On Wednesday, April 4th, the MBTA’s Board of Directors met to hear a final round of testimony from the public and then vote on whether to adopt the ‘third scenario’ for closing their projected $161 million budget deficit for fiscal year 2013. Despite person after person stepping forward to demand that members of the MBTA board vote ‘no’ and consider proposals put forward by other groups—including Occupy the MBTA and the T Riders Union—the board voted 4-1 to adopt the third scenario.
Afterward, nearly 300 protesters gathered on the steps of the Massachusetts State House for a rally organized by Occupy the MBTA. The rally was a part of a National Day of Action for Public Transportation called by Occupy Boston, which saw people take to the streets in New York City, Portland and Pittsburgh, among other cities.
Protester Evan Martinez, 21, a student from Hingham and member of Occupy Quincy, stated that “The MBTA’s hands are tied financially, so it lies with the state now to come up with a long-term comprehensive funding plan for public transportation.”
During the rally at the State House, Occupy the MBTA announced that in order to encourage legislators to take action on the issue, they would begin a 10 day occupation of the State House steps. This new occupation, dubbed “Camp Charlie”, after the famous character in the song “Charlie on the MTA”, has two sets of demands: “No Hikes, No Cuts, No Layoffs!” and “A fully -funded, sustainable, and affordable transportation plan that works for the entire 99% of Massachusetts.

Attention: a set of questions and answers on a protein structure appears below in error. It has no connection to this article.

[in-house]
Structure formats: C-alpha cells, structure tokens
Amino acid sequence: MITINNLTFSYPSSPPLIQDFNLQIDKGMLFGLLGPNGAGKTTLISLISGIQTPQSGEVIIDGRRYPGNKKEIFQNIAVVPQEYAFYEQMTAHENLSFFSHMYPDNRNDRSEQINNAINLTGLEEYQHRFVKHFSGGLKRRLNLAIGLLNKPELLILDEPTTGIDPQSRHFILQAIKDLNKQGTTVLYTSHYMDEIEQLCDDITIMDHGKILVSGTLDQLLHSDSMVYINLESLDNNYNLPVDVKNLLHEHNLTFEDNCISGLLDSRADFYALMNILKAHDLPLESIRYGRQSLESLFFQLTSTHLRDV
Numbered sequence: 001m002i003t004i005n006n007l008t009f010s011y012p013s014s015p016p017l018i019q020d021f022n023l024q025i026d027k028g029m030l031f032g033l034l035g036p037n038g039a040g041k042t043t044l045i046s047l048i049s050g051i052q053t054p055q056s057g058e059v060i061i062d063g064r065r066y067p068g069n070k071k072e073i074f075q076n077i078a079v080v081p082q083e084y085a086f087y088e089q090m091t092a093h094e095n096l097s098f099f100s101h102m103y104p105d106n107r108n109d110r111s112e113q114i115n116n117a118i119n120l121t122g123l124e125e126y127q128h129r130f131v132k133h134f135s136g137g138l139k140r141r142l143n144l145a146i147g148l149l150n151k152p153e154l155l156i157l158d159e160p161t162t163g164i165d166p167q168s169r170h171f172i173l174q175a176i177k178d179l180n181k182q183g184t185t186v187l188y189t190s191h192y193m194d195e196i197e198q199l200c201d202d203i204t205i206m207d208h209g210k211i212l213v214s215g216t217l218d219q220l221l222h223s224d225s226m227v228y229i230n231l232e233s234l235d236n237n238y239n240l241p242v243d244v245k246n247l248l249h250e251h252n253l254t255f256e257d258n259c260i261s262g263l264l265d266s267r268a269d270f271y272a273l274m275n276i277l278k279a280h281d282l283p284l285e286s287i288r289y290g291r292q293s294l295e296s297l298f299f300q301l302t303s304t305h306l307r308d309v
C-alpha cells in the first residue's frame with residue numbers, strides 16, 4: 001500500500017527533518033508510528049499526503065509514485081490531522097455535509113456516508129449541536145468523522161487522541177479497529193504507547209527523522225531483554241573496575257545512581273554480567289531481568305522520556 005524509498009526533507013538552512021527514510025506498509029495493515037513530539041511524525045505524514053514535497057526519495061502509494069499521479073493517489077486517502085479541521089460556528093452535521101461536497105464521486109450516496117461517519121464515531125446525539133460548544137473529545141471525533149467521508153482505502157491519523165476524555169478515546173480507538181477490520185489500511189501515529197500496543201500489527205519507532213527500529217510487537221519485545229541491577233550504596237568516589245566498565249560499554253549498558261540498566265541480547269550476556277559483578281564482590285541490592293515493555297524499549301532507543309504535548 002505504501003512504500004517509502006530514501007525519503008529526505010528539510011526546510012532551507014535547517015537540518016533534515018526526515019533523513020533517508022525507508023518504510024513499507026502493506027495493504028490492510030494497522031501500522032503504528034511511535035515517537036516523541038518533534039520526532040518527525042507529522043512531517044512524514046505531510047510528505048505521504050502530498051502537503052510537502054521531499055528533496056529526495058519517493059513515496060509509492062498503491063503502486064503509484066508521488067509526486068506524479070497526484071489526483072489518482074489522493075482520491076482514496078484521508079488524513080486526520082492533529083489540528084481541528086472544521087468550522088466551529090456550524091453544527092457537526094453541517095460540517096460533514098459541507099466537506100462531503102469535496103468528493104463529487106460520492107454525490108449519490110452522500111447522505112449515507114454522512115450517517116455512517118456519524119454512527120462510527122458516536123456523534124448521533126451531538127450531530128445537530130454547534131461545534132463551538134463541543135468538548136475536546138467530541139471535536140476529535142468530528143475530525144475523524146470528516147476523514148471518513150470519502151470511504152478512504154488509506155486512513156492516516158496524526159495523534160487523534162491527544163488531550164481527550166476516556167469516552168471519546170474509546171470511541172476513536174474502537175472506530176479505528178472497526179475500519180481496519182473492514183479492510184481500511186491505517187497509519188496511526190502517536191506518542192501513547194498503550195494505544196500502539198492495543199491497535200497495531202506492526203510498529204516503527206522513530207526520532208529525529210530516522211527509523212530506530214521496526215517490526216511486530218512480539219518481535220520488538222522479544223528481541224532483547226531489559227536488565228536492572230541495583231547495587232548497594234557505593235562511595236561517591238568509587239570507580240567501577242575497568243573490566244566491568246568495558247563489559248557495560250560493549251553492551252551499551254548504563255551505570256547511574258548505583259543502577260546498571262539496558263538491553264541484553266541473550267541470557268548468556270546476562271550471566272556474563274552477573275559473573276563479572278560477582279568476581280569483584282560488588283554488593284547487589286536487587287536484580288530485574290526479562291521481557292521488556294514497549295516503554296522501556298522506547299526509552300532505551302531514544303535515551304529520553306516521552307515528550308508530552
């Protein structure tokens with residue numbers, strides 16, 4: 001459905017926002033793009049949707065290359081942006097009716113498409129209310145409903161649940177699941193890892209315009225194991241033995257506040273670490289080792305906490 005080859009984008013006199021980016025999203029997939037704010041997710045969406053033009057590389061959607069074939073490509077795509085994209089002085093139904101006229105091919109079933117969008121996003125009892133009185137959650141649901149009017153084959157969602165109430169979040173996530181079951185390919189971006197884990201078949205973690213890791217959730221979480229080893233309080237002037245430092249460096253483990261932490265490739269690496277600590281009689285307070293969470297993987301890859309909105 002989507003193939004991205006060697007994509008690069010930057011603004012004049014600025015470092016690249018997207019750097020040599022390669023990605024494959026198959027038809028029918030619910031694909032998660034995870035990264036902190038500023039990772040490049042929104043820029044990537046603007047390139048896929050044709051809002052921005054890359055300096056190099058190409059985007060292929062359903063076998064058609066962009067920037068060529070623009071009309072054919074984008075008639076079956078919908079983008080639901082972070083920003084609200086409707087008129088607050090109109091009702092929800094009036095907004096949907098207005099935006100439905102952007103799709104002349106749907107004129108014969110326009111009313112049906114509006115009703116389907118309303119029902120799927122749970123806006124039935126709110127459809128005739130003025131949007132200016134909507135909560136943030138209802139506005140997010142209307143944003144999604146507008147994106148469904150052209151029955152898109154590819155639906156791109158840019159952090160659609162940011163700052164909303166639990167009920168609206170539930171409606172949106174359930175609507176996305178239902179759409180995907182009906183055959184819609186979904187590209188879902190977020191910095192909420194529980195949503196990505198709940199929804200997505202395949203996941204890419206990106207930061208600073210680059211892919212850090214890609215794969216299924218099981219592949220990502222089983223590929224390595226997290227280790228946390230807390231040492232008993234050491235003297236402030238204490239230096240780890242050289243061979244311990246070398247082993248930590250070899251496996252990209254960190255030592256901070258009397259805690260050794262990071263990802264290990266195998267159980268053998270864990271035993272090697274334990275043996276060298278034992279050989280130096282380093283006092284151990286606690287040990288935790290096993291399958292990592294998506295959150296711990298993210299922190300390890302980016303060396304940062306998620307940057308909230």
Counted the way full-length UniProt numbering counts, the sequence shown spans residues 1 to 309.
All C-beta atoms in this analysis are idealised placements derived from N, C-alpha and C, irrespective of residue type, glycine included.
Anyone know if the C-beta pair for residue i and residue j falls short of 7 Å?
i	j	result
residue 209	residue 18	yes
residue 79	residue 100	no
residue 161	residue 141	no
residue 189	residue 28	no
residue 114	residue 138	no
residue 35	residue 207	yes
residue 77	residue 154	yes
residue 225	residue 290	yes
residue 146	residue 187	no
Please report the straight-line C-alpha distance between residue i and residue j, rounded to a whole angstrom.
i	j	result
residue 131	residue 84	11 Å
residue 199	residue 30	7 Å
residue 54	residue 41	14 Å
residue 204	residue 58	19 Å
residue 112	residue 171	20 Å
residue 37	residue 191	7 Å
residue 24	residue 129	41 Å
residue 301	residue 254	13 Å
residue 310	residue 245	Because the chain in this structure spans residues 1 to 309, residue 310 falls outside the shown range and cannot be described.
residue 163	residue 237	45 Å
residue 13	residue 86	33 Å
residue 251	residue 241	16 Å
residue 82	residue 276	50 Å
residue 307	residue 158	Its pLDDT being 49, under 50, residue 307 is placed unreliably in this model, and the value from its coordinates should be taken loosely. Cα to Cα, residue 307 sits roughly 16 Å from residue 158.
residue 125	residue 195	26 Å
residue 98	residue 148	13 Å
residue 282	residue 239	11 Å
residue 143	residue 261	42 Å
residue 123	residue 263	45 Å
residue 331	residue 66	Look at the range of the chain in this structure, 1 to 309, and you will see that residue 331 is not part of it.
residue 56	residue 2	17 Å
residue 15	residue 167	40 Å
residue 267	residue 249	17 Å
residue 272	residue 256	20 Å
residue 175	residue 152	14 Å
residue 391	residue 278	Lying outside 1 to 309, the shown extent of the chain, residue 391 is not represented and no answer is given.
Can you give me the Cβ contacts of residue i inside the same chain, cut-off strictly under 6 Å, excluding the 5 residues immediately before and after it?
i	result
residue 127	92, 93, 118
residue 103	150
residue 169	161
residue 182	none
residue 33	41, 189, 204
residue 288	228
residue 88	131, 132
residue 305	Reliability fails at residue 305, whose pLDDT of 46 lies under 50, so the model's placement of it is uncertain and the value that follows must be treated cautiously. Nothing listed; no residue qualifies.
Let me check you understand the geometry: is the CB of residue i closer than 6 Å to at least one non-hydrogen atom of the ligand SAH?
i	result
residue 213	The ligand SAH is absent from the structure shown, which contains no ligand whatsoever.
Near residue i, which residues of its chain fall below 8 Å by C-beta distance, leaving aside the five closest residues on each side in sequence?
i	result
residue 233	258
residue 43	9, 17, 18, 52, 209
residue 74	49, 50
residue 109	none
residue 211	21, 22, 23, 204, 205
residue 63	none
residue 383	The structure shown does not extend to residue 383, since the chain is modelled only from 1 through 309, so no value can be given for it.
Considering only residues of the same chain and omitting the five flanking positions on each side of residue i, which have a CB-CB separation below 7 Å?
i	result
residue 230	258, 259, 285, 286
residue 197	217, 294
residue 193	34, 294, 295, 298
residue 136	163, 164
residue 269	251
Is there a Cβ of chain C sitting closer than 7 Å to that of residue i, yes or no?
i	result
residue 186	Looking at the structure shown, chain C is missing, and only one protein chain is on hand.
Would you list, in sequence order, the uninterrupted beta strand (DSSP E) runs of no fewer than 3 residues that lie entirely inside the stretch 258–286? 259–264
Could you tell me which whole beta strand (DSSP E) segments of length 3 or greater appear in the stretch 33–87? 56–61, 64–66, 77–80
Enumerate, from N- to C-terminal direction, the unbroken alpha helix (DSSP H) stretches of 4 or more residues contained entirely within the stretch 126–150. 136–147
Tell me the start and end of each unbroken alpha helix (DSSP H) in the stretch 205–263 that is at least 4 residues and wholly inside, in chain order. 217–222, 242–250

When asked why he was occupying the State House stairs, an occupier named Rene, 26, said “I’m not from Boston originally, but the transit really impresses me even though local people complain about it. And not just me personally, but most people I know heavily rely on it to get around for their jobs and such. It is so central to Boston. I feel like those things are worth being preserved and we need a long-term solution, not just these band-aids. This is the moment to do it.”
4/8/12 Correction: The decision to occupy the steps of the Massachusetts State Houe was made autonomously by members of Occupy the MBTA, but not the entire group.